Sound by Design is a new exhibition at the revamped Canada Science and Technology Museum exploring 150 years of sound recording and music making. It's an interactive experience that invites visitors to make some noise by trying out instruments, dancing to motion-activated sound machines and taking a spin as DJ on an oversized turn table.
"Our goal is to engage visitors in a sensory experience," said Christina Tessier, the museum's director general.
"To create a sense of curiosity and discovery, that's where those hands-on and body-on interactives are really important."
Three years after a leaky roof and mould forced it to shut down, the renovated museum is set to reopen Friday with an array of new, cutting-edge exhibitions, as well as some old favourites.
Blasts from the past
The museum's formidable collection of inventions traces the evolution of sound research and innovation in technology. It's a fascinating look at how passionate inventors, scientists and music lovers pioneered the science of sound design and products that changed how the world listened.
In 1874, Alexander Graham Bell came up his own rather macabre version of a phonautograph because he wanted know what sound looked like. The inventor attached a real human ear to his listening machine to see how it would respond to sound vibrations. The museum's model has substituted a 3D replica of an ear for the real thing.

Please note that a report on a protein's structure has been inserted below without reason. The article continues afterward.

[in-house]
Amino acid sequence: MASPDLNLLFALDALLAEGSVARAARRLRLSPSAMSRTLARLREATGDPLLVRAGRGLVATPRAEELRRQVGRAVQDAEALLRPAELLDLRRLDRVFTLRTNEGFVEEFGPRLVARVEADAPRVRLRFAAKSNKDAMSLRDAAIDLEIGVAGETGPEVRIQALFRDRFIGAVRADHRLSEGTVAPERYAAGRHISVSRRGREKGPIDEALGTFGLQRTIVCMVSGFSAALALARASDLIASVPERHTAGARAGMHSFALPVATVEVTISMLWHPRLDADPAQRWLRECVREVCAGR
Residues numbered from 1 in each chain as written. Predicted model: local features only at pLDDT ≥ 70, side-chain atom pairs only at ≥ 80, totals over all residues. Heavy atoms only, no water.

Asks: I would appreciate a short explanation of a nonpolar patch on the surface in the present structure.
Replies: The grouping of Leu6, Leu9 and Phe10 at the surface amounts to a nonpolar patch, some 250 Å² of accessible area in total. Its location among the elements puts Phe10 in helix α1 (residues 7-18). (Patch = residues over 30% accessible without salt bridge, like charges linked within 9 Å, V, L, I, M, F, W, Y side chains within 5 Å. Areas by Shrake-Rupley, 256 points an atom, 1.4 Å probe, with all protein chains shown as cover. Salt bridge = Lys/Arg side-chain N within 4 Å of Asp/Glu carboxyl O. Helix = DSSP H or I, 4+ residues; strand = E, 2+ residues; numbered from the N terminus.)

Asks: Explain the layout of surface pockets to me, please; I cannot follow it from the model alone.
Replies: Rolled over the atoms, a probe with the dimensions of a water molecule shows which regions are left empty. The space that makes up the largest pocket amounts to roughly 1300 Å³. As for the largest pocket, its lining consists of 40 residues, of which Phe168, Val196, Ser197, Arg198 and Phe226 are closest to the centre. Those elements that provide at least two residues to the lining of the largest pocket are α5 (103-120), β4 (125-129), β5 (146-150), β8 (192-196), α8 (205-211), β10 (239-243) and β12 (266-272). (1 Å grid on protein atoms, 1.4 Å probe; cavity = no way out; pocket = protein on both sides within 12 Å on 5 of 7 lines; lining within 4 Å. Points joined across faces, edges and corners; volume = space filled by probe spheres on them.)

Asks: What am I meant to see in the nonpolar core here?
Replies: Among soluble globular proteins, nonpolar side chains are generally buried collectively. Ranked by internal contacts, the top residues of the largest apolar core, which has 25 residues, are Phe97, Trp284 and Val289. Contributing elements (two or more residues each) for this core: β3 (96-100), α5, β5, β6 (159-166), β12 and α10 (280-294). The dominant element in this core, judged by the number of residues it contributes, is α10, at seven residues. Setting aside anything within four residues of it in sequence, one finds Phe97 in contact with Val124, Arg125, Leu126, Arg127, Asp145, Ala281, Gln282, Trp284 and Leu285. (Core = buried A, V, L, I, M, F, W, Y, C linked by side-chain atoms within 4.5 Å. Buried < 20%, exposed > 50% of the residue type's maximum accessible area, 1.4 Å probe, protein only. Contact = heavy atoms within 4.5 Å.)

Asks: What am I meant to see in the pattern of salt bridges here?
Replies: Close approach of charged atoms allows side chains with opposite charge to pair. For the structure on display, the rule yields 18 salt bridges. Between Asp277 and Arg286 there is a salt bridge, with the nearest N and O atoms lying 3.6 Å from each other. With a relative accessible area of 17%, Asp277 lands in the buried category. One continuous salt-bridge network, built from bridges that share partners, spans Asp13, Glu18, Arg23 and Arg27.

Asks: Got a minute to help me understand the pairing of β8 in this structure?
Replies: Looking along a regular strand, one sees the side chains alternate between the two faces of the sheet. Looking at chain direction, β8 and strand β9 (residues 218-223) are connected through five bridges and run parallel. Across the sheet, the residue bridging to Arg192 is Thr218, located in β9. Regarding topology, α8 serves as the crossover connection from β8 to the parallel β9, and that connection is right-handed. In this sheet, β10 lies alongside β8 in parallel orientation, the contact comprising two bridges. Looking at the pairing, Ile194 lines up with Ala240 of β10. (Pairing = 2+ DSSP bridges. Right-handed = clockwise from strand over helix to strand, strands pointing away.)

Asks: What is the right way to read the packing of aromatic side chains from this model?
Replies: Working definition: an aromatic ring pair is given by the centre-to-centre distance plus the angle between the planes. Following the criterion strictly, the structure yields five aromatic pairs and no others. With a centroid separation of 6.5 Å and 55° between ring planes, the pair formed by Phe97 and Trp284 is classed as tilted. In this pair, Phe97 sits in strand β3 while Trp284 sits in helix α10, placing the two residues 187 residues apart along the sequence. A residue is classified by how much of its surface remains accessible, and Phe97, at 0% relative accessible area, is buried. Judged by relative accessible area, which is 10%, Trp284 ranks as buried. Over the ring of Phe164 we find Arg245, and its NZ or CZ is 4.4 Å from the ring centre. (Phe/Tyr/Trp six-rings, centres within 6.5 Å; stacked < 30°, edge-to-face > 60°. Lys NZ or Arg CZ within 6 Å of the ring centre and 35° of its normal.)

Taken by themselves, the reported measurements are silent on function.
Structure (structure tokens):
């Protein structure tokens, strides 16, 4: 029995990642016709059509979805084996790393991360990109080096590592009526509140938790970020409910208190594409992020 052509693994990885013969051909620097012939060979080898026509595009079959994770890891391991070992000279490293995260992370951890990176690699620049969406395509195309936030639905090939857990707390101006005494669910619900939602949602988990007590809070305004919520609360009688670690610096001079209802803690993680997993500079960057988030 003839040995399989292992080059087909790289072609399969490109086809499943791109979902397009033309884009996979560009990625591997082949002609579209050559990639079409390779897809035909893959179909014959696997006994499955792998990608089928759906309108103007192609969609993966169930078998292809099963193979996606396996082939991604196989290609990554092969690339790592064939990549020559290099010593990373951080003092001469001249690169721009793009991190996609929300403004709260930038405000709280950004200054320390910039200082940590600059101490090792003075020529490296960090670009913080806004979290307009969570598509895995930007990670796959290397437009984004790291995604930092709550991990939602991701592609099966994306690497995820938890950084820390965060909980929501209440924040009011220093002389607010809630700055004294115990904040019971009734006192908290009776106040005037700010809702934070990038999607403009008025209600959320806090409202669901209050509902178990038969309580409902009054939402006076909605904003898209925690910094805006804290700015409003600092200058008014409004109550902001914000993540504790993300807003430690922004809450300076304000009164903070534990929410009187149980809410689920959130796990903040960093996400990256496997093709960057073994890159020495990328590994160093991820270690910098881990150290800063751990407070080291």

Edison's 1912 gramophone occupied a stately place in the parlour, while Koss Stereophones were must-have headsets for audiophiles in the 1960s and '70s.
Electronic Sackbut made in Ottawa
In his garage in Ottawa, physicist and composer Hugh Le Caine invented the world's first musical synthesizer, the Electronic Sackbut. From 1945-48 Le Caine tinkered on his contraption made of wood, wires and a keyboard, and ended up designing the sound machine that would revolutionize music making.
"Design really underscores so much about what we've come to know and understand about sound." said exhibition curator Tom Everrett.
"Everything from scientific principles of sound to the ways we engage and play with music, all this has been influenced on a very deep level by technological innovation and questions of design, so that's what we want to explore in the exhibit," Everrett said.
And if visitors prefer the sound of silence, they can take refuge in the Quiet Cube, a chamber designed to eliminate echoes. Constructed from sound-absorbing materials, it's the perfect hideaway to find some peace and quiet.